Boarded up Windows

Gorelovka – Dukhobors of Javakheti:

There are 130 Dukhobors living in Gorelovka village. All of them are ancestors of those ‘heretics’ who were exiled from Russia to the Caucasus and made it to today’s Samtskhe-Javakheti back in the 18th century. In 1980-es, there were 3 thousand Dukhobors living in Gorelovka alone. In late 1980-es many of them left for Russia and Ukraine;

Locals claim that the slogan ‘Georgia for Georgians’ was the main reason behind  this decision. Another difficulty for Dukhobors living in Georgia was the collapse of kolkhhoz system – they were used to living and working in the community, and private ownership was the challenge for the most. Many of Gorelovka’s natives left in 1997, and later in 2008.

There are about 30 comparatively young people in the village. But as one of our respondents claimed, most of them are males and thus there are not many opportunities for creating new families.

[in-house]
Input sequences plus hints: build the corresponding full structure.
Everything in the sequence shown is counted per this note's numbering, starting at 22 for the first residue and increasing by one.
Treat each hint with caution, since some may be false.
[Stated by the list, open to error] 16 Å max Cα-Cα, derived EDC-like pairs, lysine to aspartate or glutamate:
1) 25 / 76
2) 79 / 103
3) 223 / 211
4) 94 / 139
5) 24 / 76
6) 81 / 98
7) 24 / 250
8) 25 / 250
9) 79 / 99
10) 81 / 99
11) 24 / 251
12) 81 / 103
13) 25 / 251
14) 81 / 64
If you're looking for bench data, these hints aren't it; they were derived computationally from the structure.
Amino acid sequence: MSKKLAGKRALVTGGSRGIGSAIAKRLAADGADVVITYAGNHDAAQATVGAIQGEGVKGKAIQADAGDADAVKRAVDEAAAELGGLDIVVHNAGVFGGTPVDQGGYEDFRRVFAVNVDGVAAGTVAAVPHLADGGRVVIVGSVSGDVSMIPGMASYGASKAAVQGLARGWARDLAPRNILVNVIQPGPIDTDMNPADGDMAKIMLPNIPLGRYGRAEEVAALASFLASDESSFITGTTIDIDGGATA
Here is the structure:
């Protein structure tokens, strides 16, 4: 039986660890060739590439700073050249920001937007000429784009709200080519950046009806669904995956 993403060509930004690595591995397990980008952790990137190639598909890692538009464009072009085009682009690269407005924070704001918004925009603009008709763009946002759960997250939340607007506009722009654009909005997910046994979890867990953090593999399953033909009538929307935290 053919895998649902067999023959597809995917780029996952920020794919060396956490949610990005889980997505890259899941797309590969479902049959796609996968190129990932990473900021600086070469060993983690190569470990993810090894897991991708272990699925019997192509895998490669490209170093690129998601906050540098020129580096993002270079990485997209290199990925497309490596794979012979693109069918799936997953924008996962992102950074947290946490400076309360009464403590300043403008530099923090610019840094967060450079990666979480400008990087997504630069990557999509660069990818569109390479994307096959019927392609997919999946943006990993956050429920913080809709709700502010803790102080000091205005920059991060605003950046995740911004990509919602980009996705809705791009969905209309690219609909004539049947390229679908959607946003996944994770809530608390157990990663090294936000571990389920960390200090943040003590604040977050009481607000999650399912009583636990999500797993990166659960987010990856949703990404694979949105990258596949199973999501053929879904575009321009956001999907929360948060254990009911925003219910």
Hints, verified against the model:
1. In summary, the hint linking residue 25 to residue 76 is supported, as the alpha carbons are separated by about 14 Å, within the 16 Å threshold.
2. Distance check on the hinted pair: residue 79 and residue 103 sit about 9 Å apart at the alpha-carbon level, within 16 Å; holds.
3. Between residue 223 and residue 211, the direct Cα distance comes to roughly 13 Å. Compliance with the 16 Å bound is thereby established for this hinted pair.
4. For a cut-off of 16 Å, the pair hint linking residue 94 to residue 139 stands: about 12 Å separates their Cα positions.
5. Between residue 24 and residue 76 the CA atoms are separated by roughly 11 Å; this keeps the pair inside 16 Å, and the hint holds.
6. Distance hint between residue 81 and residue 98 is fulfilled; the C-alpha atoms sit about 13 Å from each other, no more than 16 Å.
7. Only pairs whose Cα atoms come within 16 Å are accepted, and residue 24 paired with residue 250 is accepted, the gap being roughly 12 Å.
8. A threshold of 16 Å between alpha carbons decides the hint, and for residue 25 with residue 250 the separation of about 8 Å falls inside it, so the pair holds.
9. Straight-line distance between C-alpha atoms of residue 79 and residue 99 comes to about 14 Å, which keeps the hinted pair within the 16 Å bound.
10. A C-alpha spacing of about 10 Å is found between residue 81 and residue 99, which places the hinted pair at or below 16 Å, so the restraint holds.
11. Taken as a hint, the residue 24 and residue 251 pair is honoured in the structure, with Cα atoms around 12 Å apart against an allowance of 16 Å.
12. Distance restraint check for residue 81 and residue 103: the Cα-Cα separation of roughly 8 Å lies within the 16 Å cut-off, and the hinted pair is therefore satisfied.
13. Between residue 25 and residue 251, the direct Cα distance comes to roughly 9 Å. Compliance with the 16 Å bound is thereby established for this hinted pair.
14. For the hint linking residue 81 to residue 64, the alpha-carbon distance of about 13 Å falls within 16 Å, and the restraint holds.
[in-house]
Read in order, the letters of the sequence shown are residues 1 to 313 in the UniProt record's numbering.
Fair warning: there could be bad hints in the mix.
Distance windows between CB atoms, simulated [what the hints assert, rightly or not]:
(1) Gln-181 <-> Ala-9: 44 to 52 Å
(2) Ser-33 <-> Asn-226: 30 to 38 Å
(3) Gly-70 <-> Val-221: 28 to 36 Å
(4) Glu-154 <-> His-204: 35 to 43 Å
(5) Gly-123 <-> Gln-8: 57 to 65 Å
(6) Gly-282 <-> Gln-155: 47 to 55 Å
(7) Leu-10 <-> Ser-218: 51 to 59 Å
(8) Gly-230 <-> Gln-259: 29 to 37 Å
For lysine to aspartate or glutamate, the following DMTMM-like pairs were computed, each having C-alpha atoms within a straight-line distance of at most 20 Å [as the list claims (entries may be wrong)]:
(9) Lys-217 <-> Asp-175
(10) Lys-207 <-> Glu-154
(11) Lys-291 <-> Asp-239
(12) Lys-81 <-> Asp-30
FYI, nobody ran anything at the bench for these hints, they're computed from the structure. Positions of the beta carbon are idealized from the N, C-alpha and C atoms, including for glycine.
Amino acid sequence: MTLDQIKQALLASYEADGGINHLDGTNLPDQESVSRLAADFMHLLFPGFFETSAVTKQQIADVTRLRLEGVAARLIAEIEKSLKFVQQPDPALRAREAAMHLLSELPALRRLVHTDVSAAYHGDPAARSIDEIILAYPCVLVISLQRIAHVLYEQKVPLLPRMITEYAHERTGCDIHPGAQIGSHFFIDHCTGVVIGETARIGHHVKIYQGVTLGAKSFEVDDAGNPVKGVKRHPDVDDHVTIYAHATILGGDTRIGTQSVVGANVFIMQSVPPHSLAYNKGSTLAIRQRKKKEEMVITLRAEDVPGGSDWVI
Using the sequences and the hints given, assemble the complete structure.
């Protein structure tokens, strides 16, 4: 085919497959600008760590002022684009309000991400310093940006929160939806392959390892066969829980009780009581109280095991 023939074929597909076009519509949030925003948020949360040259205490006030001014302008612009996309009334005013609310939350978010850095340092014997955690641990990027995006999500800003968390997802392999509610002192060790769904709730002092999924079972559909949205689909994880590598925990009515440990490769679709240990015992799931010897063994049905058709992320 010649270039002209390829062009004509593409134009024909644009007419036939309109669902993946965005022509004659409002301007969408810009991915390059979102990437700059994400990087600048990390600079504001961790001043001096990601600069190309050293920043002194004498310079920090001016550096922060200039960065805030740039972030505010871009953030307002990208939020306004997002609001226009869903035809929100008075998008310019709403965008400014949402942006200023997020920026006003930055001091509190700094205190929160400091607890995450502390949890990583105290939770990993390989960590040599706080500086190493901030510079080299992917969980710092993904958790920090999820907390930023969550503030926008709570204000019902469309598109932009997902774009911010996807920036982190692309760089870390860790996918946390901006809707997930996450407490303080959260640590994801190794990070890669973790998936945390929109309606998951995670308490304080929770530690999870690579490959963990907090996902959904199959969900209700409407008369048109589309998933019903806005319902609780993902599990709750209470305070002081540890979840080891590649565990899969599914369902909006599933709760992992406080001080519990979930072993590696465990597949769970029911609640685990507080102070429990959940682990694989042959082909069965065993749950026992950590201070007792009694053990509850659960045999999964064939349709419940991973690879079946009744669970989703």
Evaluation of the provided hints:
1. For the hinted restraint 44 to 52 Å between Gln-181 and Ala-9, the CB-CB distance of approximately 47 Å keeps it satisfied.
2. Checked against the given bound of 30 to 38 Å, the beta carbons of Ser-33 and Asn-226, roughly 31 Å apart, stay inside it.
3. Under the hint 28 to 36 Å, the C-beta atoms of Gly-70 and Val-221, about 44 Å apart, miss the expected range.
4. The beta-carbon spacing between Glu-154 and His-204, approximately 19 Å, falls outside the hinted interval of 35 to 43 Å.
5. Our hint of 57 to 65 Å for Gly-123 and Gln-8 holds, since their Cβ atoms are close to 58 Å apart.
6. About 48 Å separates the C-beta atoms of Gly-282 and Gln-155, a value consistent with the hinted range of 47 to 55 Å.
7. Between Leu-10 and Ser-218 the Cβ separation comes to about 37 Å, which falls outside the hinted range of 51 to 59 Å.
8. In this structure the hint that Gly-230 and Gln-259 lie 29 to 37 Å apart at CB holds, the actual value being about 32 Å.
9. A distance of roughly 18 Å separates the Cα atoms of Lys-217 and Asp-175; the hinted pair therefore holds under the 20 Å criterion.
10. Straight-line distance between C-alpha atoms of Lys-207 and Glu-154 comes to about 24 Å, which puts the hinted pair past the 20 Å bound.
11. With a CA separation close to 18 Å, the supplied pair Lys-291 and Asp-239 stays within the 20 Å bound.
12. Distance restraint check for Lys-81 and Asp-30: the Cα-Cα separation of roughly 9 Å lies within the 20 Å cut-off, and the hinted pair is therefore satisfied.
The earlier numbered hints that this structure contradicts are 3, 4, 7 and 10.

Not too long ago Samtskhe-Javakheti region was considered to be the center of Dukhobor culture. Today in Gorelovka, there are many abandoned houses. Their owners died while their children moved away. These houses with boarded windows are almost a portrait of Gorelovka today…

Go Group Media decided to grant Tbilis-based journalists an opportunity to find out more about this unique culture which is moving away from Georgia.

  • Participants of traditional Journalistic Mission of the Go Group Media had an opportunity to meet Doukhobors, a small community of ethnic Russians professing to be followers of a breakaway branch of Christianity who live compactly in Gorelovka, a village in the country’s southern Samtskhe-Javakheti region bordering Armenia and Turkey. Photo by Diana Petriashvili, Go Group Media

Mission Participants:

Levan Zhorzholiani,
Malkhaz Chkadua, Liberali magazine
Nana Tabatadze, Georgian Institute of Public Affairs (GIPA)
Tamar Mshvenieradze, Georgian Institute of Public Affairs (GIPA)

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